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© 2018

Racism and Early Blackface Comic Traditions

From the Old World to the New

Book

Part of the Palgrave Studies in Theatre and Performance History book series (PSTPH)

About this book

Introduction

This book traces blackface types from ancient masks of grinning Africans and phallus-bearing Roman fools through to comedic medieval devils, the pan-European black-masked Titivillus and Harlequin, and racial impersonation via stereotypical 'black speech' explored in the Renaissance by Lope de Vega and Shakespeare. Jim Crow and antebellum minstrelsy recycled Old World blackface stereotypes of irrationality, ignorance, pride, and immorality. Drawing upon biblical interpretations and philosophy, comic types from moral allegory originated supposedly modern racial stereotypes. Early blackface traditions thus spread damning race-belief that black people were less rational, hence less moral and less human. Such notions furthered the global Renaissance’s intertwined Atlantic slave and sugar trades and early nationalist movements. The latter featured overlapping definitions of race and nation, as well as of purity of blood, language, and religion in opposition to 'Strangers'. Ultimately, Old World beliefs still animate supposed 'biological racism' and so-called 'white nationalism' in the age of Trump.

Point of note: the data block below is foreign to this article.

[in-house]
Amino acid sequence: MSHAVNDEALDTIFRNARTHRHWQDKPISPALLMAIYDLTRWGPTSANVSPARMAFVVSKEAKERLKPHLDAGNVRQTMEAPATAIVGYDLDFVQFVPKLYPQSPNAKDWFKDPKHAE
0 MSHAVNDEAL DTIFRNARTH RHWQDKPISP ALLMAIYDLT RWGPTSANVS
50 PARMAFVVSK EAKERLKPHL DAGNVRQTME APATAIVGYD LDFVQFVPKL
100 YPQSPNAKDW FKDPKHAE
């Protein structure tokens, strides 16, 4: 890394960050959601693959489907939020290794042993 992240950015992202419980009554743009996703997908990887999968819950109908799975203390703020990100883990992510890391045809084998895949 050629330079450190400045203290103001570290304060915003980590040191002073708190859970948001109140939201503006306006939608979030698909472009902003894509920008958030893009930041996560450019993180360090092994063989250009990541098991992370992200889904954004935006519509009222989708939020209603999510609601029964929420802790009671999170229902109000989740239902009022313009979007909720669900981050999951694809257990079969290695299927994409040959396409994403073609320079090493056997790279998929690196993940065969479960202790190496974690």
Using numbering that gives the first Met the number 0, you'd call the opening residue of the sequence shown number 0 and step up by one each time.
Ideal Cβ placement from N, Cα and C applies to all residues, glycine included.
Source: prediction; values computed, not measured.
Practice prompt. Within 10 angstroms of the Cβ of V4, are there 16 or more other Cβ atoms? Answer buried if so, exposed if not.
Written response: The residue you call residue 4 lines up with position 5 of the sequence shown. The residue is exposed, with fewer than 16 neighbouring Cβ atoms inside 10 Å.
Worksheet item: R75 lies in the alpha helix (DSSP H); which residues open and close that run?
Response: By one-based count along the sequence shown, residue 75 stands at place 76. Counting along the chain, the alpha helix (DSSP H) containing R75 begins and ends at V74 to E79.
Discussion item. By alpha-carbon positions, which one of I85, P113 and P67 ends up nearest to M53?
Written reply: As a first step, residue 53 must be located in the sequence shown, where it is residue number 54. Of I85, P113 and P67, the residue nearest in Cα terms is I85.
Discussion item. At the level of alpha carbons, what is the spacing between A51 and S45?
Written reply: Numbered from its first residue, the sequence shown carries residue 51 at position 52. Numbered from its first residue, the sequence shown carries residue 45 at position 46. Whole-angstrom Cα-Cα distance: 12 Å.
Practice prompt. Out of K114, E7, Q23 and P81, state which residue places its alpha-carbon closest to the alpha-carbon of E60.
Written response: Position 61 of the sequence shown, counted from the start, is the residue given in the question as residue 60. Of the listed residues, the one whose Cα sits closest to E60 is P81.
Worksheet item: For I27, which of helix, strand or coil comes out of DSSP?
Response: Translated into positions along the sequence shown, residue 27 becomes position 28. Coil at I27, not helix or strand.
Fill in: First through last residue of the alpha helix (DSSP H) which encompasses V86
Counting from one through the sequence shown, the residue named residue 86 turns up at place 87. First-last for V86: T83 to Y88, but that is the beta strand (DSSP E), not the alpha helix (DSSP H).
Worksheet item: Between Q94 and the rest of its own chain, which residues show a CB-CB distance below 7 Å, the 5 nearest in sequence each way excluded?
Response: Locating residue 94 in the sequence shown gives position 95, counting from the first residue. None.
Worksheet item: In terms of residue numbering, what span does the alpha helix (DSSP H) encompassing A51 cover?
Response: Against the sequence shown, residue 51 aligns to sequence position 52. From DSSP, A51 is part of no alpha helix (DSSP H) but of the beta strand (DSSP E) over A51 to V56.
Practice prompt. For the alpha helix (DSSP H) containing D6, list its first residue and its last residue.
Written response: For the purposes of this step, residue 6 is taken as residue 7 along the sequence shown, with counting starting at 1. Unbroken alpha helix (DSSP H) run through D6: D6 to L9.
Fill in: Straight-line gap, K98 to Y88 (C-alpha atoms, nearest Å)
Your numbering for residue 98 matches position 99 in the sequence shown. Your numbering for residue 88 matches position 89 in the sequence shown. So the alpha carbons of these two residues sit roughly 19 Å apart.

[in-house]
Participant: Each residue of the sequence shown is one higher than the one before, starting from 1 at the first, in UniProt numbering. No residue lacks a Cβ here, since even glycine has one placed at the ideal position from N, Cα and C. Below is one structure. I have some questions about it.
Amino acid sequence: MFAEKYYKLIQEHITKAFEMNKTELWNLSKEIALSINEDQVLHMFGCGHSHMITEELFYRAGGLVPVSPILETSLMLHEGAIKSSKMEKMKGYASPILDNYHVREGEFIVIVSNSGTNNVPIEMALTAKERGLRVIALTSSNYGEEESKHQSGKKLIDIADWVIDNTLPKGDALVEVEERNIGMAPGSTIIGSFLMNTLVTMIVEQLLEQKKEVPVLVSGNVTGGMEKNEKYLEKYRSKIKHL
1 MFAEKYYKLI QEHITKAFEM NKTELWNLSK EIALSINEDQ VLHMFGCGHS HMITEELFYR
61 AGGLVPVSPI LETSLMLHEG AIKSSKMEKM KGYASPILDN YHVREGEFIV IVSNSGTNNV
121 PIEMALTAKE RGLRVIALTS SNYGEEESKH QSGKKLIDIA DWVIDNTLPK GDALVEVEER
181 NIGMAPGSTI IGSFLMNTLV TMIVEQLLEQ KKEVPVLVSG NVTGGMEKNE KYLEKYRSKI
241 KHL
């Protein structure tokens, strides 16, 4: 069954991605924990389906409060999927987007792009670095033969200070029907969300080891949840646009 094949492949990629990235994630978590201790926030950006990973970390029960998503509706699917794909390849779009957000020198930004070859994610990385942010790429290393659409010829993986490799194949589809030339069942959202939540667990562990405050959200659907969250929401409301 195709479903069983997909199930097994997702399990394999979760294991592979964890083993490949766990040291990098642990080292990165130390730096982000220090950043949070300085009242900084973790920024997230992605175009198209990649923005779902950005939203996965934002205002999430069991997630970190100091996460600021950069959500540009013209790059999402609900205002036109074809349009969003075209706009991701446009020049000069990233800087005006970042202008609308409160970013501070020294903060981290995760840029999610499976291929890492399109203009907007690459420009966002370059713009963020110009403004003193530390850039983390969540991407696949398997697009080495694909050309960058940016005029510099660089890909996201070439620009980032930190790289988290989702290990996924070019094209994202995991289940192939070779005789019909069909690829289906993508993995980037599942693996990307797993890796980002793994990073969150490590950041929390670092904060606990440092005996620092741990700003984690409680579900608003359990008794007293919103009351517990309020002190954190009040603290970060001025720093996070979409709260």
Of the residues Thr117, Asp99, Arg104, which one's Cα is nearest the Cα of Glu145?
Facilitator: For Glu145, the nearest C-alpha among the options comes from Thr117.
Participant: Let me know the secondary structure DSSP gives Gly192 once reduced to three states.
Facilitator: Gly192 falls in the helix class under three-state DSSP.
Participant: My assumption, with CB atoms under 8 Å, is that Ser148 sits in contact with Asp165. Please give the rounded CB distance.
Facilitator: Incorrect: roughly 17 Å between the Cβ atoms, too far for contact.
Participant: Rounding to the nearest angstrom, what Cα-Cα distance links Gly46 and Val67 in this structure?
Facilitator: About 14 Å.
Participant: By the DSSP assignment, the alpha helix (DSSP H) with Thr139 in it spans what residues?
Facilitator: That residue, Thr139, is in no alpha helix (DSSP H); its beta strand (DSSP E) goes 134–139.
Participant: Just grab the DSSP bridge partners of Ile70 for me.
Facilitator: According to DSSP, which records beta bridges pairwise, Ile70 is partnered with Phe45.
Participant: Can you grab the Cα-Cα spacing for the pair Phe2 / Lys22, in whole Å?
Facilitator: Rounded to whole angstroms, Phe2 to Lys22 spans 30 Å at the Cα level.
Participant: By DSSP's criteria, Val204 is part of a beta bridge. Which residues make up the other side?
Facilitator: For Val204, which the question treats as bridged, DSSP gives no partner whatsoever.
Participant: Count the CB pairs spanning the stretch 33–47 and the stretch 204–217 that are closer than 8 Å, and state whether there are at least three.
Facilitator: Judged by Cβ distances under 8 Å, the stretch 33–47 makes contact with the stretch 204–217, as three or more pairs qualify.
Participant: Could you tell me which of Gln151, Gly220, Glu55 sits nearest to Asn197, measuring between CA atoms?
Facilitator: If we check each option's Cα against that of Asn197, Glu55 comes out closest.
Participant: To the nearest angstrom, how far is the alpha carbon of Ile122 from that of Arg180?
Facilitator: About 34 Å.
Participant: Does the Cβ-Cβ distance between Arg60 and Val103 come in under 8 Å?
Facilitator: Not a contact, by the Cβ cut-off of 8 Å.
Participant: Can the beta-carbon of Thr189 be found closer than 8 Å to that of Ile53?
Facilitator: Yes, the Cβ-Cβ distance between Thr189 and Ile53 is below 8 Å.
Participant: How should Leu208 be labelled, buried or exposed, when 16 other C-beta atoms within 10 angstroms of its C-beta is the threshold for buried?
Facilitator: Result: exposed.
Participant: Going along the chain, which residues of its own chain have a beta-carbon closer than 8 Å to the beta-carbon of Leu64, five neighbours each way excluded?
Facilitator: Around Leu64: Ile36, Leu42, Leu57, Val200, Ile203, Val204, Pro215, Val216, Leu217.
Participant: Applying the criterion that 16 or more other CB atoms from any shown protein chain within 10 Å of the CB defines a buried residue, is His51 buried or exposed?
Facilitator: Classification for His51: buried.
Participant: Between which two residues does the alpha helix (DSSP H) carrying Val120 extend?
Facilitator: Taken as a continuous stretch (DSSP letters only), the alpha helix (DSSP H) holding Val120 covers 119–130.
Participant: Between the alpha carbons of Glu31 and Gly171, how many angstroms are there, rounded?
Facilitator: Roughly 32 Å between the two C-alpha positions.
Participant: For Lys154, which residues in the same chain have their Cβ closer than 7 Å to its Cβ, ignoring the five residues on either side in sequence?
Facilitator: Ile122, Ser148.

Keywords

Blackface Racism Minstrel Fool Clown Slavery Colonialism Blackness Whiteness Shakespeare

Authors and affiliations

  1. 1.Oglethorpe UniversityAtlanta, GAUSA

About the authors

Robert Hornback is Professor of English and Comparative Literature at Oglethorpe University, USA. He teaches Shakespeare, Shakespeare’s Contemporaries, Medieval & Renaissance Literature, Ancient Literature, and Comedy: Ancient to Renaissance. He is the author of The English Clown Tradition from the Middle Ages to Shakespeare (2009) and has published widely on fools and comedy.

Bibliographic information